Reggae Festival, London 1974 from England, My England © Chris Steele-Perkins/ Magnum Photos

Over the years England has proved a rich landscape for many of the photographers in the Magnum collective, and continues to inspire (both Martin Parr and Mark Power are currently working on new projects here), as a result I’ve decided to give a quick tour through some of these photographic studies.

I’ve already discussed the work of a few of the Magnum photographers on the blog including Chris Steele-Perkins (here), Martin Parr (here) and Ian Berry (here):


Whitby, 1974 from The English © Ian Berry/ Magnum Photos

LON19537Bristol, 1995-1999 from Think of England © Martin Parr/ Magnum Photos

Other notable projects include:

George Rodger, one of the Magnum founders, who produced a seminal series of photographs on the blitz during World War II. The Blitz is a unique record of life in England during the autumn of 1940 as well as a moving tribute to the courage and humor of men, woman and children during one of the darkest periods of 20th century English history.

canteenCanteen in public shelter, London 1940 © George Rodger/ Magnum Photos

Eve Arnold photographed extensively in England, and many of the photographs appear in her book In Retrospect (Alfred A. Knopf, 1997) including this wonderful image of Queen Elizabeth II on tour in the Midlands in 1968.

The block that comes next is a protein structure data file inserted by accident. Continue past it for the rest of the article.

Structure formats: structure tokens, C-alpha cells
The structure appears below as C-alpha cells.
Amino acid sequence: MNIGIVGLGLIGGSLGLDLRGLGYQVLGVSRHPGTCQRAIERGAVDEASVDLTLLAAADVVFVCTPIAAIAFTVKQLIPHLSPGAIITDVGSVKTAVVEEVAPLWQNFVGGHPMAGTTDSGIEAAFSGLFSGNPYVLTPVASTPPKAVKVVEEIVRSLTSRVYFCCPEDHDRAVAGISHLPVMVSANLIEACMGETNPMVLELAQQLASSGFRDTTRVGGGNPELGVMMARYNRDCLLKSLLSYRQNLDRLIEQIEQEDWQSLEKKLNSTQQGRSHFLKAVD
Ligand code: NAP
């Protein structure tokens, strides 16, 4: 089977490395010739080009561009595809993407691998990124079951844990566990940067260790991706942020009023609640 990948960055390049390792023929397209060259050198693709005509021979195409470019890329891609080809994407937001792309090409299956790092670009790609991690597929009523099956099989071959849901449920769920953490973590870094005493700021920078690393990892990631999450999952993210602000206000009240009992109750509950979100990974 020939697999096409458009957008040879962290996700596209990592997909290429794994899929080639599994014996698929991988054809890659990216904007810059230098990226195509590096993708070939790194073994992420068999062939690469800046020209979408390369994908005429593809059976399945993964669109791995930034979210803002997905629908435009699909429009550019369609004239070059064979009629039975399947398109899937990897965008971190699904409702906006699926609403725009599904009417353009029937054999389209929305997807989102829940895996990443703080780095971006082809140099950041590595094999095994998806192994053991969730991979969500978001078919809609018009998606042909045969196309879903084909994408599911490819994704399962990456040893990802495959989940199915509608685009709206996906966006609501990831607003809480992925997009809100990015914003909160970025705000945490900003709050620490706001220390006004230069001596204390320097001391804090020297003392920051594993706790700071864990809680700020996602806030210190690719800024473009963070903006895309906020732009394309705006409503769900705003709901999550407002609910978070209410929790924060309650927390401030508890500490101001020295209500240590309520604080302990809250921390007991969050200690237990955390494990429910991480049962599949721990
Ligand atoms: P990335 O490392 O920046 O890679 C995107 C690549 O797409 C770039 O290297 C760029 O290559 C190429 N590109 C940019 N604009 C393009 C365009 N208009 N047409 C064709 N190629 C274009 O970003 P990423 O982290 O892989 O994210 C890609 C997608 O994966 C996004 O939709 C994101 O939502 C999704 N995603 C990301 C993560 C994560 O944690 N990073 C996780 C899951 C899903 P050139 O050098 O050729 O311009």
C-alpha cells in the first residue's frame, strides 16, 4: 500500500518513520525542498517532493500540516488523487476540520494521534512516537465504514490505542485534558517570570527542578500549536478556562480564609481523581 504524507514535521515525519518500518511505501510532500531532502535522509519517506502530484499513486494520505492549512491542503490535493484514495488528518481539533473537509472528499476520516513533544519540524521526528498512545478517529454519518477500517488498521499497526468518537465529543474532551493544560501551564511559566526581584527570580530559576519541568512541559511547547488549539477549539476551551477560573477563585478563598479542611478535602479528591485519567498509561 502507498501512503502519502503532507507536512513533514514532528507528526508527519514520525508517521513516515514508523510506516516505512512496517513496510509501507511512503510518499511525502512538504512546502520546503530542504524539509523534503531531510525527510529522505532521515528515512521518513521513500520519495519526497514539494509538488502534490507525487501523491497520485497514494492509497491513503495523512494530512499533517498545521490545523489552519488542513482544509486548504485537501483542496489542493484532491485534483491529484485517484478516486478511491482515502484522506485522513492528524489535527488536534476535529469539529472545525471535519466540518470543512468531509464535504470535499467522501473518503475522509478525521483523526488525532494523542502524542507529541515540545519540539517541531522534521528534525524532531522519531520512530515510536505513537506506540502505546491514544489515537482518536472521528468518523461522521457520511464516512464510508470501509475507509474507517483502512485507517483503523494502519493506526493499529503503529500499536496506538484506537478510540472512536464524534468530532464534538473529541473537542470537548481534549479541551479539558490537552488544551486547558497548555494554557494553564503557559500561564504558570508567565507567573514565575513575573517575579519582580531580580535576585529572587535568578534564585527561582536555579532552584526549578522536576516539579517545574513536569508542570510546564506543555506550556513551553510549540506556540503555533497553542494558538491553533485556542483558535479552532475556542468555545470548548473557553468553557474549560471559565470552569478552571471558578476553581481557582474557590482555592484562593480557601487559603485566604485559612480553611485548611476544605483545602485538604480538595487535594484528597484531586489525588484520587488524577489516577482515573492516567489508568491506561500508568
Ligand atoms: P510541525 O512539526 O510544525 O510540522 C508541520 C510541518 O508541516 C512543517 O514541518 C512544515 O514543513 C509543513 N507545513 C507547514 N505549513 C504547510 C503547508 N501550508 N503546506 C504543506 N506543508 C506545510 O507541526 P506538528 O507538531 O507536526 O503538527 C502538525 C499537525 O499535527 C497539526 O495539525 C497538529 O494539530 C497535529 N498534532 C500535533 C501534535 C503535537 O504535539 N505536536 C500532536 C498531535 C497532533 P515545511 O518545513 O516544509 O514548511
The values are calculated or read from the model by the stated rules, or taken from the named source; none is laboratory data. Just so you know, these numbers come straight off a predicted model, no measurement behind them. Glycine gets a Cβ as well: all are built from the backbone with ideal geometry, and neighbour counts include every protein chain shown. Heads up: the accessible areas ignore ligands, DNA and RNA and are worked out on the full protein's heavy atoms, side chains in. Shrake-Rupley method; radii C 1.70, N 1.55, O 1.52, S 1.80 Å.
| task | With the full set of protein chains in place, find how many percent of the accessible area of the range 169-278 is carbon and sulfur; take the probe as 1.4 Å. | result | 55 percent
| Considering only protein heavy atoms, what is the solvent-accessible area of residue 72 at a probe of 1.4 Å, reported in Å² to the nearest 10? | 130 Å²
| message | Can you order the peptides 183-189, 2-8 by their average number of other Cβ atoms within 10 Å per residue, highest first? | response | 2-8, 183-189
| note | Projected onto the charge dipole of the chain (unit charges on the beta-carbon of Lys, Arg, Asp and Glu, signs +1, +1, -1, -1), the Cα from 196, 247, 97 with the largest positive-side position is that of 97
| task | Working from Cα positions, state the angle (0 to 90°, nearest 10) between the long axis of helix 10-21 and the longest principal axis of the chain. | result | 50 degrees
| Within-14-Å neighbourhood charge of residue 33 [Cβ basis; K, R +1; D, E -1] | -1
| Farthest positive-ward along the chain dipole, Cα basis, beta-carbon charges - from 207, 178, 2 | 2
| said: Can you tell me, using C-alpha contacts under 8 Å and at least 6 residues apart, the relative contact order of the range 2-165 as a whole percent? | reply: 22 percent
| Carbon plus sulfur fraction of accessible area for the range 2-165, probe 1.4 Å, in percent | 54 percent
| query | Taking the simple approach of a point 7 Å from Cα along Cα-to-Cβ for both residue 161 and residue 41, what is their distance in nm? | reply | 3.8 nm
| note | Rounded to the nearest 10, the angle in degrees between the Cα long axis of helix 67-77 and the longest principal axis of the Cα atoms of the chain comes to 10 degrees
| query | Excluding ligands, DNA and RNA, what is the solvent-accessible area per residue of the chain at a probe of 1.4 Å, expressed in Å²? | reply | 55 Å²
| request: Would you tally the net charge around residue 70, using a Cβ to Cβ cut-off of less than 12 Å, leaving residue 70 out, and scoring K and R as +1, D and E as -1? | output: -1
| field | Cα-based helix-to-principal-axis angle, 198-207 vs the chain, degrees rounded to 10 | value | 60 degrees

Queens Elizabeth II, The Midlands, 1968 © Eve Arnold/ Magnum Photos

Although better known for his photographs in his homeland of Wales, Land of My Father (Thames & Hudson, 2000), David Hurn undertook several assignments in England, and documented the famous Isle of Wight festivals in 1969 and 1970.

LON32753Revelers at the Isle of Wight Festival, 1969 © David Hurn/ Magnum Photos

In the mid-1970s Philip Jones Griffiths worked extensively in Middlesbrough in Northern England. Philip recently completed a new book of his lesser known studies of British life – including those from Middlesbrough – shot during the 1950s, 60s and 70s. Recollections (Trolley, 2008) was published just before his death in early 2008.


Working men’s club, Middlesbrough, 1976 © Philip Jones Griffiths/ Magnum Photos

On assignment in Liverpool in the early eighties, photojournalist Peter Marlow bore witness to the enormity of the devastation afflicting inner cities. Marlow photographed a city in decline, isolated like an island surrounded by the dreams of a Thatcherite nation. Liverpool Looking Out to Sea (Jonathan Cape, 1993) forms one of the fiercest social documents of an inner city in Britain, and became one of the strongest indictments of an era.

LiverpoolUnemployed Tony and Marie in their children’s bedroom, Liverpool, 1985 © Peter Marlow/ Magnum Photos

In 1996, the young Donovan Wylie and new Magnum recruit produced a series called Working England.

leedsWorker in Leeds City centre cafe, 1996 © Donovan Wylie/ Magnum Photos

More recently, Mark Power published a book called 26 Different Endings (Photoworks, 2007), which documented the outer limits of London as defined by the A to Z road atlas.


London south of page 148, A to Z, 2004 © Mark Power/ Magnum Photos

And I’ll finish with the work of Stuart Franklin and this photograph taken during the Queen Elizabeth II’s Golden Jubilee celebration in 2002. Why? Because as a young snapper on assignment for The Sunday Times Magazine, I was stood next to him when he took it!